Physical Computing projects, Spring 2017

Here is a selection of recent projects from our third year Physical Computing module, taught by Phoenix Perry and Perla Maiolino. 

The projects – which were developed in the department’s new hack labs in St James Hatcham Building – include toys, games, controllers, musical devices, and lots of robots.


Flight Control System
by Jacky Wang


Roll Game
by Andrea Fiorucci


Once upon a Time: The Seasons
by Elliot Brown & Sapphira Abayomi. Once Upon a Time site


Drum Machine with Arduino Mega
by Hamood Abdul Jabbar and Gabriel Oliveira Valencia. Project site


Fortune Telling Robot
by Sam Arshed. Robot website
image100


Arduino Tee: a vest with electric shock pads
by Kamaldeep Singh Bachus and Umar Yunus. Tee site
shock-vest


Pendulum: midi controller for a max filter with a pendulum accelerometer
by Harrison Bamford. Pendulum website


Auduino: breath-powered musical instrument
by Saskia Burczak & Mohsin Yusuf. Auduino blog


Electromagnetic String Instrument
by Cameron Thomas

Electromagnetic String Instrument from Cameron Thomas on Vimeo.


Omnimac wheeled robot
by Cormac Joyce. Omnimac website


Mastermind
by Eliot Heath


Arduino Synth
by George Sullivan


FlyBall
by Tom Holmes


Nonsensitron
by Gil Hakemi.
Project blog


Alarm System
by Osian Jarvis


Street Fighter Joystick Controller
Justin King


Vibrating Diamonds
Qian Joo Lim. Diamonds blog


Ladybird Robot
by Michael King


Upcoming events in Spring 2017

roderick
Here’s a load of great events for the technology-minded. Most are organised by Goldsmiths Computing – and most of them are free and open to all.


Being a Junior Games Programmer at 22 Cans
5-6pm Monday 6 March // Room 142, Richard Hoggart Building

Hacksmiths: Learn Ruby on Rails
4-7pm Wednesday 8 March // G11 St James Hatcham

VR in Games Now!
4.30 – 5.30pm Thursday 9 March // Room 256, Richard Hoggart Building

The Invention of Consciousness
4-5pm Wednesday 15 March // Lecture Hall, Ben Pimlott Building

VR The Next Frontier: A Masterclass with Dave Ranyard
5.30-10.30pm Thursday 16 March // LG02, Professor Stuart Hall Building

Science Showoff at the Amersham Arms
6.30-10pm Wednesday 15 March // Amersham Arms

Hearts & Minds: The VR Interrogations Project 
4pm-5pm Wednesday 29 March // Cinema, Richard Hoggart Building

Anvil Hack III: a creative hackathon at Goldsmiths
Saturday 22 – Sunday 23 April // Goldsmiths

Exhibition: Health Tech and You
25 April – 8 May // Design Museum, Kensington High Street

Anvil Hack III: a creative hackathon at Goldsmiths, 22-23 April

anvilhack3

Anvil Hack is back for the third year! Run by Goldsmiths tech society Hacksmiths, the hackathon invites current or recent students to focus on the creative applications of technology.

Use your skills to make something wonderful, arty, musical – anything you build will be awesome. We’ll provide you with food, drink, electricity and internet, so that you can get on with the real work – making cool things!

This year we have the privilege of sharing our brand new fabrication lab with you, built right into the church. You’ll have access to state of the art equipment just a couple of months after it’s been installed. Exciting!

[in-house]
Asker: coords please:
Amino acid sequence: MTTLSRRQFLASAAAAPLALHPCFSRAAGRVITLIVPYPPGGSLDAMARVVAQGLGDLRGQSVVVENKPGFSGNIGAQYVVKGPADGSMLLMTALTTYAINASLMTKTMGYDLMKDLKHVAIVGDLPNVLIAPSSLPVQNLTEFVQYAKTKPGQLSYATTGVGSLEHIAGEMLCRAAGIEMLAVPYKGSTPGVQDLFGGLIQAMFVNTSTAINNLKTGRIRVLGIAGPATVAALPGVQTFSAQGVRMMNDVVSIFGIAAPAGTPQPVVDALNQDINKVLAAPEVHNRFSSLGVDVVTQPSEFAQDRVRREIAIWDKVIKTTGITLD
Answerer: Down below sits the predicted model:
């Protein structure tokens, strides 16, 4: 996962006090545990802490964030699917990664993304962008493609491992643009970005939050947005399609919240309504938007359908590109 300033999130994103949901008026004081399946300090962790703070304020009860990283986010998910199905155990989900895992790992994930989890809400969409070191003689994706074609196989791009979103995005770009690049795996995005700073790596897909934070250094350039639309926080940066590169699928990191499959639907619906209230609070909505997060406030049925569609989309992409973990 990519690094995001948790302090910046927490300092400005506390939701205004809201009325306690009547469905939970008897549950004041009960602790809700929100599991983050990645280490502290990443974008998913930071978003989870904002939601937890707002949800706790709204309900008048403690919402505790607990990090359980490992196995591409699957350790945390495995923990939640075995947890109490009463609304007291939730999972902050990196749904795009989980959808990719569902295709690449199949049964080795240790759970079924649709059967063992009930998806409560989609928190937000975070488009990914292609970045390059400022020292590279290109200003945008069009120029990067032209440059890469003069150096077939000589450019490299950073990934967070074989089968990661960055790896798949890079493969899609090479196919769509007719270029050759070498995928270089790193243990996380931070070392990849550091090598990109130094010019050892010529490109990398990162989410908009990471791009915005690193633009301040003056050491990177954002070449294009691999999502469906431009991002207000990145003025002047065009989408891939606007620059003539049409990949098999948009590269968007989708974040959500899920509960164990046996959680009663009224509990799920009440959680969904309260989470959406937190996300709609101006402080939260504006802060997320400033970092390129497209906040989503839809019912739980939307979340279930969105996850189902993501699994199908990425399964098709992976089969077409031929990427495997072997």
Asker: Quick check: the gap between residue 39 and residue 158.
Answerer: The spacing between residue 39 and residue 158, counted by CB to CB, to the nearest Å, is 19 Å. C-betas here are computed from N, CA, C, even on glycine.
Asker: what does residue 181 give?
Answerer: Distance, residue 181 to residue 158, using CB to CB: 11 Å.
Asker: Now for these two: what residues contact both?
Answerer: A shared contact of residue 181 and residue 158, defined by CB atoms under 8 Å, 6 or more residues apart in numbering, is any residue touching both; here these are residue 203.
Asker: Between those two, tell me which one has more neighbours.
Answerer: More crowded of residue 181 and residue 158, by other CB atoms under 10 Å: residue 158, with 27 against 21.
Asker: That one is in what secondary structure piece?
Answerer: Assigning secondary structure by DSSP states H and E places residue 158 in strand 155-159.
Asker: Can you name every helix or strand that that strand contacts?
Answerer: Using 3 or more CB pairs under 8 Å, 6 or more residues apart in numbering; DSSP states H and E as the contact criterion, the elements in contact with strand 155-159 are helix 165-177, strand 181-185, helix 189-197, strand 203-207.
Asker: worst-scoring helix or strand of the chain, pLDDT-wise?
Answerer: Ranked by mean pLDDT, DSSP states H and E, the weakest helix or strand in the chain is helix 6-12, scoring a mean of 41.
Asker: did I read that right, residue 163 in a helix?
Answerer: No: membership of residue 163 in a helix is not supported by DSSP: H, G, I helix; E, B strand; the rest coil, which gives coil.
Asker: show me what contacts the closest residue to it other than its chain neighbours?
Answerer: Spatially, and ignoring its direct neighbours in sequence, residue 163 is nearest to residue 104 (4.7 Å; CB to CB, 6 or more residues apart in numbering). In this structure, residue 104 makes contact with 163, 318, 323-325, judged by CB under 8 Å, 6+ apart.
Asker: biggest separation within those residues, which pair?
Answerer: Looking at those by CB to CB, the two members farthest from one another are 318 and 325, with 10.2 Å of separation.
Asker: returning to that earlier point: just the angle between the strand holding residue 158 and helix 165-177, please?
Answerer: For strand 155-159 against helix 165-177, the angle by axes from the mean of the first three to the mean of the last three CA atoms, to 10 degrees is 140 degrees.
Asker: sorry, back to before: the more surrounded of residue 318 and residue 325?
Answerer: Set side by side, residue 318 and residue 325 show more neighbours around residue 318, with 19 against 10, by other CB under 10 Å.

When: Saturday 22 – Sunday 23 April 2017
Where: St James Hatcham Building, Goldsmiths
Tickets: Free. Register here

What is Anvil Hack?
Anvil Hack is a two-day invention marathon for developers, designers, psychologists, researchers and more. During the event, participants will build projects that answer our challenges to build awesome creative projects.

But what are you expecting to actually be built?
Anything goes! We’re really interested to see what awesome things you can build, especially interesting generative art, awesome audio projects, and DIY hardware.

Do I need to be a student to attend?
Yes, you need to be a current student or have graduated within the last 12 months. We will work to ensure that there is a diverse range of people in terms of skill set and ability.

Win Science Museum ROBOTS exhibition tickets

We’re giving blog subscribers four free tickets to the Science Museum’s latest exhibition ROBOTS, which runs from February to September 2017

COMPETITION NOW CLOSED

ROBOTS takes you on an incredible journey spanning five centuries, illustrated with robotic artefacts from around the globe, from a 16th century mechanised monk to the very latest in robotic technology straight from the lab, and some of film’s most iconic robotic creations.

Focusing on why they exist rather than on how they work, this blockbuster exhibition explores the ways robots mirror humanity and the insights they offer into our ambitions, desires and position in a rapidly changing world.

We are especially excited about the exhibition, as it includes Robotic Skin by Dr Perla Maiolino, one of our research and teaching fellows. Tickets are £15 (£13 concessions) – or free to the four lucky winners!


COMPETITION NOW CLOSED

Closing date: 11pm Sunday 5 March 2017. We’ll pick four new subscribers at random, and email them on Monday 6 March 2017 with details of how to claim their free ticket.

Report from Goldsmiths’ Sex Tech Hackathon

room-insta

Back in December 2016, student society Hacksmiths teamed up with Goldsmiths’ Dr Kate Devlin to run the first ever Sex Tech Hackathon.  In this blog post, Creative Computing student Kevin Lewis reports what happened.

Kevin Lewis

Kevin Lewis

Hackathons are invention marathons – where attendees build creative solutions to a challenge set by organisers. One of our tutors, Dr Kate Devlin, wanted to run a hackathon around her area of research – artificial sexuality and the ethics of artificial intelligence – and we couldn’t wait to jump in and help.